Ventura community gathers for 10th annual Hillsides Conservancy Festival (27 photos)


Melissa Marshall

Audience members clap along to performers at the Ventura Hillsides Music Festival. Credit: Melissa Marshall/The Foothill Dragon Press
Audience members clap along to performers at the Ventura Hillsides Music Festival. Credit: Melissa Marshall/The Foothill Dragon Press

Laughter and music filled Arroyo Verde Park Saturday afternoon during the annual Ventura Hillsides Music Festival.

To kick off the celebration, the founder of the Ojai Raptor Center, Kim Stroud, released a juvenile red-tailed hawk from the hilltop.

“This is a great way to educate the public in order to protect animals and keep the wildlife,” Stroud said.

First to perform at the concert was Elvin Bishop.

“It was a lot more bluesy jam, less pop than I expected, which I really appreciated,” community member Deborah Thurber said.

Dr. John was next on stage. He became interested in music by spending time in his father’s record shop, and dreamed of becoming a pianist like the many musicians he listened to.

“I love to play music so much, having them singing to my music meant something good to me, I’m glad they listened to my records,” said John.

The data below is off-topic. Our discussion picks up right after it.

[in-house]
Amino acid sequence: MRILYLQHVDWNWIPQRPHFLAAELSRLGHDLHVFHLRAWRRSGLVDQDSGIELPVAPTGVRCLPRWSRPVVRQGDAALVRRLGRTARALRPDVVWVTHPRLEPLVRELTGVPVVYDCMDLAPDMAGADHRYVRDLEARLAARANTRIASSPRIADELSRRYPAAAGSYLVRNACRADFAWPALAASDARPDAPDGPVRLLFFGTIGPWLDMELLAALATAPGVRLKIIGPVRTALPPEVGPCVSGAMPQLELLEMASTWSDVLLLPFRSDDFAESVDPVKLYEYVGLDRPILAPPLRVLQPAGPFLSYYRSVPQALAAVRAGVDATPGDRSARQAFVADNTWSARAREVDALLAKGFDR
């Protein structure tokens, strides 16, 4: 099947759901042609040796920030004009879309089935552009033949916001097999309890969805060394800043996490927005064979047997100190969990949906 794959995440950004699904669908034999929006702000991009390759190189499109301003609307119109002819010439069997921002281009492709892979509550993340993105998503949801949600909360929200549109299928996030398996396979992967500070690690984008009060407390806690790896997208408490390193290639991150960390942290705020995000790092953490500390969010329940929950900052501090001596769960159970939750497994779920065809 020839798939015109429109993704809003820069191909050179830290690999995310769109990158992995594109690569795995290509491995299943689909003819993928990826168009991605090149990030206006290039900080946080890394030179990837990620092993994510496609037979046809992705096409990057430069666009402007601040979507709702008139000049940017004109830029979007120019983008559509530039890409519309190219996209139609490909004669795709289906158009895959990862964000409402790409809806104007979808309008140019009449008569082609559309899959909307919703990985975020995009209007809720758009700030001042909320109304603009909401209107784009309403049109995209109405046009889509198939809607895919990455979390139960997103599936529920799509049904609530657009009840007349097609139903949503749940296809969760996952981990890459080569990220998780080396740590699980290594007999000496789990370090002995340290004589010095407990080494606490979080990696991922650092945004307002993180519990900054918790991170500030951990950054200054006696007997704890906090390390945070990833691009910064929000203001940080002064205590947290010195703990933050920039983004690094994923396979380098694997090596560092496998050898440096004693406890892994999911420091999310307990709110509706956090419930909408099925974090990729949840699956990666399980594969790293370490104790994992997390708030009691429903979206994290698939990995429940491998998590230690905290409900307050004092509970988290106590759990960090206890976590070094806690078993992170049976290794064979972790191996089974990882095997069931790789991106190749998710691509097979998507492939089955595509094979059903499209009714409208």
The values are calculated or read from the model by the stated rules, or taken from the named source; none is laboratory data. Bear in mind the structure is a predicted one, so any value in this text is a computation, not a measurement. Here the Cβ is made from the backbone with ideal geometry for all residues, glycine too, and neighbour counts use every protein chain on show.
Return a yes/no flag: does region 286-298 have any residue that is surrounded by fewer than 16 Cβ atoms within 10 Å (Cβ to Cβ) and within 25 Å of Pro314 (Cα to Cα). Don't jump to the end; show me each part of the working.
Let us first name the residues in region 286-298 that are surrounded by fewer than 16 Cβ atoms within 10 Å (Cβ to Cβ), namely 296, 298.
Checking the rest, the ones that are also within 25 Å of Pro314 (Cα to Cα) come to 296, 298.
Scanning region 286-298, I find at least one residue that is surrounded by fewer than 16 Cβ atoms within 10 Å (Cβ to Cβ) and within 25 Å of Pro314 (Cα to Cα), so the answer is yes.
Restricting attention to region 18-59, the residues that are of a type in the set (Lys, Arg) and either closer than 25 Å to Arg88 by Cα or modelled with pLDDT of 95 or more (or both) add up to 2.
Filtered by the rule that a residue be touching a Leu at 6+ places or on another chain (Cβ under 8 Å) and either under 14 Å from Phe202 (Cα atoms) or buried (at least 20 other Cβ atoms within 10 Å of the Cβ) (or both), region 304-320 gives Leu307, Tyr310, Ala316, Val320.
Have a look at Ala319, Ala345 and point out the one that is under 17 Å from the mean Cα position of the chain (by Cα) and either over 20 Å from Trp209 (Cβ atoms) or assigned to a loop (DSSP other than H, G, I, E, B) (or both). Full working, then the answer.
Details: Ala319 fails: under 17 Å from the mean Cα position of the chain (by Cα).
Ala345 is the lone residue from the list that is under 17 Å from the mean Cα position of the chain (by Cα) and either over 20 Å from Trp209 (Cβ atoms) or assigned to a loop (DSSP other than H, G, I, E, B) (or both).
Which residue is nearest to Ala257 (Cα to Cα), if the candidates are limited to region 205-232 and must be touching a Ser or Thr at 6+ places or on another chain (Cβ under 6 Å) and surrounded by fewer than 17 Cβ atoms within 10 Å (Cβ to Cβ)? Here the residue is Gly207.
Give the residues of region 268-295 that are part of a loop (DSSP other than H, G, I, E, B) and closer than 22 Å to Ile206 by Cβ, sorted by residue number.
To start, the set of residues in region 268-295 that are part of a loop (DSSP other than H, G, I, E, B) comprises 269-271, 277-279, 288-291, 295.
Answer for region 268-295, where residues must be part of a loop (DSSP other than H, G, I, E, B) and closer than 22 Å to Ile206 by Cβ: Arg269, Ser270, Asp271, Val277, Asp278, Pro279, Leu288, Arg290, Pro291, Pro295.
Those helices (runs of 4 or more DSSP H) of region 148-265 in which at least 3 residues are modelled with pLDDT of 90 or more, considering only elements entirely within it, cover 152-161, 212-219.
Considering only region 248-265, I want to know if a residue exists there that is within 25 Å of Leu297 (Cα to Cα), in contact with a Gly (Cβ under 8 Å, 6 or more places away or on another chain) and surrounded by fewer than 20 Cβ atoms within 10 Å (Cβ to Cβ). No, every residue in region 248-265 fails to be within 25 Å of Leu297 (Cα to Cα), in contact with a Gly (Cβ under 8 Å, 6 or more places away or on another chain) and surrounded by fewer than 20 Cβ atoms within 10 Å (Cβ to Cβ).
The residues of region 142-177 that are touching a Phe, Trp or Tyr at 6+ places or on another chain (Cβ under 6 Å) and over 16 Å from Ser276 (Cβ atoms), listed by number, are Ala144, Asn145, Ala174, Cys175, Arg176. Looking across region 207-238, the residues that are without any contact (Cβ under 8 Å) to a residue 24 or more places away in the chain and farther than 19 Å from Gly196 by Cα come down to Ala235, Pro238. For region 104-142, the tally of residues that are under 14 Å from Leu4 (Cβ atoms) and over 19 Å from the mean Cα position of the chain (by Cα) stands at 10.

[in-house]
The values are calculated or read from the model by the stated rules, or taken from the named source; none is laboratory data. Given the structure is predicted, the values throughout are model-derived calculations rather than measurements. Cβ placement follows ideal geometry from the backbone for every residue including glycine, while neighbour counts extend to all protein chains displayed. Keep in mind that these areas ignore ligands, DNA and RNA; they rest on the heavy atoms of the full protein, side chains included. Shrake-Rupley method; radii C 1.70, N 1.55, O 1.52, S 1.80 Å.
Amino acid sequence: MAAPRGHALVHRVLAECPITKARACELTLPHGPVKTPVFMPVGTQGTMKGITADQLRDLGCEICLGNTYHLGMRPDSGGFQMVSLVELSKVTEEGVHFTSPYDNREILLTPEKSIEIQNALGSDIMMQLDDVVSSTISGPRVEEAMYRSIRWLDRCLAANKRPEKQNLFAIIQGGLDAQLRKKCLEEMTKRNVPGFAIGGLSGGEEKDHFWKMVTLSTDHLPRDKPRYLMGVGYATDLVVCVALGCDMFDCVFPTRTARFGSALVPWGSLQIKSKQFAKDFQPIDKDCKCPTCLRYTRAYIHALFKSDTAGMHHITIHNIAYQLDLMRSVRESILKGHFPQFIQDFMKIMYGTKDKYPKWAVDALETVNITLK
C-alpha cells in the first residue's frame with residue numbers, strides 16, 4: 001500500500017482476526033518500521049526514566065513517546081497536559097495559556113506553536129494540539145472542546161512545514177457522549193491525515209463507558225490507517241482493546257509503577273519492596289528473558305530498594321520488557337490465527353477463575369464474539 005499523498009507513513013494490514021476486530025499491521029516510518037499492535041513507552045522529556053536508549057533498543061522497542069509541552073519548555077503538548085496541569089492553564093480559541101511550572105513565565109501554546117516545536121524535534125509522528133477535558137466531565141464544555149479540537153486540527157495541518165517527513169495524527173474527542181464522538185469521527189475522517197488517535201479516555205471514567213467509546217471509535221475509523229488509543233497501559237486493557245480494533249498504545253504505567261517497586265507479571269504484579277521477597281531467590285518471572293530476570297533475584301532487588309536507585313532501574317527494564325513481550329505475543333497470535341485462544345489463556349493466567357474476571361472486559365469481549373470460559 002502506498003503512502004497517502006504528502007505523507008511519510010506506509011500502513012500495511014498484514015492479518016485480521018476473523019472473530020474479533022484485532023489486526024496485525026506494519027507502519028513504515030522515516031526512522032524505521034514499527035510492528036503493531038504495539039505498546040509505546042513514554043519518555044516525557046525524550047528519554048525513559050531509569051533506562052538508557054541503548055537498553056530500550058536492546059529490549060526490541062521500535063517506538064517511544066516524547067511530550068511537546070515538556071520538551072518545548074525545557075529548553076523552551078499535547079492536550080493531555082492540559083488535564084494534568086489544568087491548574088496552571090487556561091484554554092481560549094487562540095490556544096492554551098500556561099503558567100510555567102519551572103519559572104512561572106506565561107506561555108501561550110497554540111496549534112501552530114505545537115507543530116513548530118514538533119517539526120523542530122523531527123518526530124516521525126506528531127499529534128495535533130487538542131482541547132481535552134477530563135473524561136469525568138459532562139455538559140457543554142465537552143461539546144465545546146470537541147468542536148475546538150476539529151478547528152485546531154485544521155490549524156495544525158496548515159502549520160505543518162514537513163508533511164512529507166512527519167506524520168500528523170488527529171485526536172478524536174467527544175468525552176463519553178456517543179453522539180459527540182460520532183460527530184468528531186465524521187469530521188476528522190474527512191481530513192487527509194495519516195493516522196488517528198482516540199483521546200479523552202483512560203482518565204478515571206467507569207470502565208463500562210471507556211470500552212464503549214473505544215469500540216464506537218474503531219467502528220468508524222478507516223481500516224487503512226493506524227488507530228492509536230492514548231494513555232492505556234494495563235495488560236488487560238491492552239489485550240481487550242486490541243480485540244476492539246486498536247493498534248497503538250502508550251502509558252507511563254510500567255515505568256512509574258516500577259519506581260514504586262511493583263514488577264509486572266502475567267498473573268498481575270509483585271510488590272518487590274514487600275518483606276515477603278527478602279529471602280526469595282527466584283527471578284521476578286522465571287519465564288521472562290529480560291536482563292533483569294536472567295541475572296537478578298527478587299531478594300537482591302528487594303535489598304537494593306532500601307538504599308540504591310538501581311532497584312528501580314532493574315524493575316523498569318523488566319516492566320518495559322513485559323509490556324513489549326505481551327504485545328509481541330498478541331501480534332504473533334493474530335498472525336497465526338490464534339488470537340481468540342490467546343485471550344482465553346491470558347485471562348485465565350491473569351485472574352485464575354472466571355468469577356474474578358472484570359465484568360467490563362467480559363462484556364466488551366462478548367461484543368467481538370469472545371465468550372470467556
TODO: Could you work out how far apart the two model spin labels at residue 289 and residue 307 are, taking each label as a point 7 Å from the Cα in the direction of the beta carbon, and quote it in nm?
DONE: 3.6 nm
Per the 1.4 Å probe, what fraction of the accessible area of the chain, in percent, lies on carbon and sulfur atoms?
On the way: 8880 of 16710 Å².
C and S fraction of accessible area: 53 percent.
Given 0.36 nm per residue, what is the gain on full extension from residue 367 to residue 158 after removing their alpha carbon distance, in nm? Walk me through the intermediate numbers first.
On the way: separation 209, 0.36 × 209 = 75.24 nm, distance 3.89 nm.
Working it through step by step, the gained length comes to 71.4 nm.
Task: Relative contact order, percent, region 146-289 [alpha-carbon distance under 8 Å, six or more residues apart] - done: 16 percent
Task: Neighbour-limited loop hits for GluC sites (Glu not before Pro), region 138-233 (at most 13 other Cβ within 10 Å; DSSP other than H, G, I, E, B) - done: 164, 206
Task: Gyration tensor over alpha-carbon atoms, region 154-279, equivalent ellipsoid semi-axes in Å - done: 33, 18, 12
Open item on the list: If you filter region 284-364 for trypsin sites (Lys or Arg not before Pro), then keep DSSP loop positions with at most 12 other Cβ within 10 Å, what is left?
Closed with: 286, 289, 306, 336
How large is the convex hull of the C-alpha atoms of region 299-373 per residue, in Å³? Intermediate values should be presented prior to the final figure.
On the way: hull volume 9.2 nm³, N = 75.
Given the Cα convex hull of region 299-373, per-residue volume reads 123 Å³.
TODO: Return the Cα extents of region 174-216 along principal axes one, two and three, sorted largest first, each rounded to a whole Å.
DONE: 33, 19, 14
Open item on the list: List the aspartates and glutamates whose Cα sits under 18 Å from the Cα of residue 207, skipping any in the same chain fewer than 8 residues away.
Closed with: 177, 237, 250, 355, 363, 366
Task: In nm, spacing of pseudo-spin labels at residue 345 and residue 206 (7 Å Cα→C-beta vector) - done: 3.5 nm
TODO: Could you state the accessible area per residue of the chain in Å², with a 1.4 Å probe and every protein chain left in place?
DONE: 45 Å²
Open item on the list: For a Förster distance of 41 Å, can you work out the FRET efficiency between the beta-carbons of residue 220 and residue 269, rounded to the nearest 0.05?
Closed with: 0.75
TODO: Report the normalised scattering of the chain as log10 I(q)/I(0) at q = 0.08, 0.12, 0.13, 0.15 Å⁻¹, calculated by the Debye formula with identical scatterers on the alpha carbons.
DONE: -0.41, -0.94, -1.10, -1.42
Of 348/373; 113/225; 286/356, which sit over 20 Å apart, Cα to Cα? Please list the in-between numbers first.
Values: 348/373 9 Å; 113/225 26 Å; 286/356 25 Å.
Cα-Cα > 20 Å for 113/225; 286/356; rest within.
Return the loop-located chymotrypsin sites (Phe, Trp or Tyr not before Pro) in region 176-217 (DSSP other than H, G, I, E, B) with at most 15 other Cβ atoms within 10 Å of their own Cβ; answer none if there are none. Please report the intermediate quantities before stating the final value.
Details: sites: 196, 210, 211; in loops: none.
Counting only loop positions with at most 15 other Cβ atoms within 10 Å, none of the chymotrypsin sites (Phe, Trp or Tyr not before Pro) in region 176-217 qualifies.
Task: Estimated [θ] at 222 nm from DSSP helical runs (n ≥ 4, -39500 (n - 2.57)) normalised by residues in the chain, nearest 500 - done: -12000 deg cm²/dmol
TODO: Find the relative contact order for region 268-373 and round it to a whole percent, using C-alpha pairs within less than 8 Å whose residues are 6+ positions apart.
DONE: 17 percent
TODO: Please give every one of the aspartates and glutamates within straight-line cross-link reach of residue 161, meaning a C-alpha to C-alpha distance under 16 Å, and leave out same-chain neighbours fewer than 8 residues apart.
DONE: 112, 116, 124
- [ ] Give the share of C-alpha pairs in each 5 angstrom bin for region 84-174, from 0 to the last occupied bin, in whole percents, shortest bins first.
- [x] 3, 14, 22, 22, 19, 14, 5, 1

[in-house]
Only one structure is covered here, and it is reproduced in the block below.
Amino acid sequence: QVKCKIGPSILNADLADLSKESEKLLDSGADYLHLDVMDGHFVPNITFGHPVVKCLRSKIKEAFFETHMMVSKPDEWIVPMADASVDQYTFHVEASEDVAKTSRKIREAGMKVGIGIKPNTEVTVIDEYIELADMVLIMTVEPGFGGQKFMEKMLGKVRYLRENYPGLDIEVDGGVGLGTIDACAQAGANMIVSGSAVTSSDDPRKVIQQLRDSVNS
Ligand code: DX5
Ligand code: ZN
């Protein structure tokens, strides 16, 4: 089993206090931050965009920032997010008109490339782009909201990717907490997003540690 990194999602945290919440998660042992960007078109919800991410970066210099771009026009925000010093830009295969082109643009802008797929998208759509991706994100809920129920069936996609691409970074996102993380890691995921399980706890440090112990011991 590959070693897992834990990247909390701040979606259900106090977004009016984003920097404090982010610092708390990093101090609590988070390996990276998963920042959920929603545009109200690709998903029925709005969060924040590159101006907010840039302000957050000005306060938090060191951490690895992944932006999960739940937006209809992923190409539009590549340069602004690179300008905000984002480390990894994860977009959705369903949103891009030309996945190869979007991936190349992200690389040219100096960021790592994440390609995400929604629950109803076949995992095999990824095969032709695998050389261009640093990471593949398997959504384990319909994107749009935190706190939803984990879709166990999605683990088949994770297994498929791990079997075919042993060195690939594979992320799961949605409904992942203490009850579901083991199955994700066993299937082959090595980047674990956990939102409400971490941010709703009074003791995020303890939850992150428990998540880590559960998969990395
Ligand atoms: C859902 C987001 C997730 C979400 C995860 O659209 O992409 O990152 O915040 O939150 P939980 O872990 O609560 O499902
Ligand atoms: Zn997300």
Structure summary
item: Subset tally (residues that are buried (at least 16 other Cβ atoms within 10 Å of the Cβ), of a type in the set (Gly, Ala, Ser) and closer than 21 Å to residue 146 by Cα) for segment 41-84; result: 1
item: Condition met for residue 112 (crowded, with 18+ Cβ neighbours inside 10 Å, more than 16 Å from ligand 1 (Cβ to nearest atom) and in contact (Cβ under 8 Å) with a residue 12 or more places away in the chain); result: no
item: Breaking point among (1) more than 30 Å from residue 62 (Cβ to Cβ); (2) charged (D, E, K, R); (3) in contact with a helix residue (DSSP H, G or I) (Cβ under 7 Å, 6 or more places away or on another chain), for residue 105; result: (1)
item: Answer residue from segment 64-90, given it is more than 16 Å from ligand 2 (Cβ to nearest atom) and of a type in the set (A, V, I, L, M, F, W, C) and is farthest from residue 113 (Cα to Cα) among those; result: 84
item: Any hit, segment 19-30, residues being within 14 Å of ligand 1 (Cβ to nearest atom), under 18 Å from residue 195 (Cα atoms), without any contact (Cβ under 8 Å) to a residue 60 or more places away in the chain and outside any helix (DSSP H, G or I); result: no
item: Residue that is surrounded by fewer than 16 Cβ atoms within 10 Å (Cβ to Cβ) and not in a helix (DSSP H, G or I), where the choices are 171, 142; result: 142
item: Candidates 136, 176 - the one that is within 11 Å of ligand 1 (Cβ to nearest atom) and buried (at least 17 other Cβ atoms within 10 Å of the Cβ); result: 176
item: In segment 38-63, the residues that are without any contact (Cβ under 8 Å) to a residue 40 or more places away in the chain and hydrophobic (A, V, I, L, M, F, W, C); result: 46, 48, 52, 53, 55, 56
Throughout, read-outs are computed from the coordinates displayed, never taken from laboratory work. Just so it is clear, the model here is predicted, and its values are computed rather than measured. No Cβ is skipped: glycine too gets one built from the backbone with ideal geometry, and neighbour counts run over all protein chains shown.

Not only did the crowd enjoy the performance, but the band members had fun as well.

“The audience was great. People here are really nice and enthusiastic,” said Sarah Morrow, who plays the trombone for Dr. John’s band.

The last act was a group called Blues Traveler, who made the crowd get up out of their seats to dance and sing along.

Craig Lieberg has been to almost every single concert and is always impressed with the musical groups that play.

“This event is important because it helps them [the conservancy] with their fundraising, and it’s important to preserve these beautiful hills we see around us. It is one of the most beautiful parks around,” Lieberg said.

The Ventura Hillsides Conservancy has put on the festival for ten years now. Proceeds from the concert go into conservation work, helping to acquire properties in the Ventura River and eventually on the hillsides, so that they can conserve space in and around Ventura.

“The Hillsides Conservancy make awareness of open space and people become aware of the environment. As a Coastal Commissioner that is one of the top issues in the coastal act, to make sure the environmental habitat is protected,” said Brian Brennan, who is a member of the California Coastal Commission and the Ventura City Council, “Environment associations like this go a long way.”

Tim Coonan is the board president this year, and decided to join the conservancy four years ago so he could continue helping the environment outside of his job with the Channel Islands National Park.

“I wanted to do some conservation work here on the mainland, so I joined the Hillsides and did some biological work for them in the river,” Coonan said.  “It is a very worthy cause and I’m happy I joined.”

Foothill junior Victoria Bonds volunteered at the event for the first time, and worked at the Ventura Hillsides Conservancy booth. 

“It is very important to raise money so they can keep the hillsides and not let them become over-developed,” Bonds said.


Credit: Melissa Marshall & Megan Kearney/The Foothill Dragon Press

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